Posted by: Loren Coleman on January 29th, 2009
An apparently hastily written article making the rounds has the following for it’s apex choice of the “Top 10 hoaxes of all time.”
The Surgeon’s Photo of the Loch Ness Monster
Ancient Scottish legends spoke of a giant sea monster that lived in the waters of Loch Ness. In 1934, Colonel Robert Wilson, a highly respectable British surgeon, said that he noticed something moving in the water and took a picture of it. The resulting image showed the slender neck of a serpent rising out of the Loch. The photo came to be known simply as “The Surgeon’s Photo” and for decades it was considered to be the best evidence of the monster.
It wasn’t until 1994, when Christian Spurling, before his death at the age of 90, confessed his involvement in a plot, that included Wetherell and Colonel Wilson, to create the famous photo. Apparently Wetherell’s motive was revenge, since he was humiliated years earlier when the supposed monster’s footprints he found were nothing but dried hippo’s footsteps.
“Sea monster”? But it is in a freshwater lake.
“Slender neck of a serpent”? Dr. Maurice Burton long ago compared it to the neck of a bird or the tail of an otter, more than any serpentine creature. Personally, the Cryptomundo vote has to be otter, right mates? Come on “top ten” writers.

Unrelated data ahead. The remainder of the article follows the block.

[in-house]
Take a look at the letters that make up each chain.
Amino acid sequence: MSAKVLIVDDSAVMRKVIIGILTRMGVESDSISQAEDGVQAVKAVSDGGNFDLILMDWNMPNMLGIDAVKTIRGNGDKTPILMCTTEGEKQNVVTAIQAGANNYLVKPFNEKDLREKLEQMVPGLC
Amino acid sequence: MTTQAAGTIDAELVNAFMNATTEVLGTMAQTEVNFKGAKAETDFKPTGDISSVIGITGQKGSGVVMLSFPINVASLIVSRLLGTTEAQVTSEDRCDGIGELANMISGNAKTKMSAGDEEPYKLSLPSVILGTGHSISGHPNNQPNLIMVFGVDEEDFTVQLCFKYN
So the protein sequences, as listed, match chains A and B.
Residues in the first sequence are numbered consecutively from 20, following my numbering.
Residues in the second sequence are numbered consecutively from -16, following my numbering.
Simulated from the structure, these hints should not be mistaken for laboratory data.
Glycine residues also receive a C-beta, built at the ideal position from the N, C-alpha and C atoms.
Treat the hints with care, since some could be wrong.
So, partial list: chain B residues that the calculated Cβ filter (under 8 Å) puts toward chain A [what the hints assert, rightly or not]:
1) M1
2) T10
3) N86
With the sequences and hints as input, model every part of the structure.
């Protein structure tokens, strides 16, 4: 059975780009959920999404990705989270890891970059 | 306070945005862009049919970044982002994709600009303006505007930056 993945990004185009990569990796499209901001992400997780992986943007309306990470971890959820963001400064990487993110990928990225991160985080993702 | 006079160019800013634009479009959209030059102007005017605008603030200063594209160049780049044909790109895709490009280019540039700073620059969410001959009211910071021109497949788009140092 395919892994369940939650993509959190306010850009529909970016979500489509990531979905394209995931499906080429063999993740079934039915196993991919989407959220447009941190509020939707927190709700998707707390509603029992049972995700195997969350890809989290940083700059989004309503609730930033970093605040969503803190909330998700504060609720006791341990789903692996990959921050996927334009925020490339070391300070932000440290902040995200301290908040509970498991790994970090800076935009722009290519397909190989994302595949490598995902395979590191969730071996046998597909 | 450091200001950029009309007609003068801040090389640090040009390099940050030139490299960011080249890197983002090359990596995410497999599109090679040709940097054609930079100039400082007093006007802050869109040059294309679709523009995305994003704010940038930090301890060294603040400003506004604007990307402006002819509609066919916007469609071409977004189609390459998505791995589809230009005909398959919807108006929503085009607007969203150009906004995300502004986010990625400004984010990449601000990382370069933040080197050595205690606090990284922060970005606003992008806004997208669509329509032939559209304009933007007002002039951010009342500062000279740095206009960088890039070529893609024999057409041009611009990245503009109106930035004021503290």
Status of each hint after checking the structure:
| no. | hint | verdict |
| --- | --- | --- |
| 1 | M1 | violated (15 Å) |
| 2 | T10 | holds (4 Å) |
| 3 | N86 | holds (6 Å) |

“Before his death…, [Spurling] confessed his involvement in a plot”? The truth of the matter is that everything we all do is “before our death.”
The reality is that Christian Spurling’s media-applauded “deathbed confession” is a hoax itself. The guy was telling his fable about “the photo” (even though there are two images – #2 shown above) two years before he died.
Besides, the hidden fact that London gynecologist Robert Kenneth Wilson was at Loch Ness with his mistress has as much to do with the “secretive” nature of these photos as does any spiteful fantasies that Christian Spurling dreamed up about them.
That this is first on the top 10 list of hoaxes speaks more to the uncritical nature of the hack modern mass media than it does about any truthful examination of the proof of a hoax concerning the so-called “Surgeon’s Photo,” really, (which should always be noted as the “Surgeon’s Photos,” btw).
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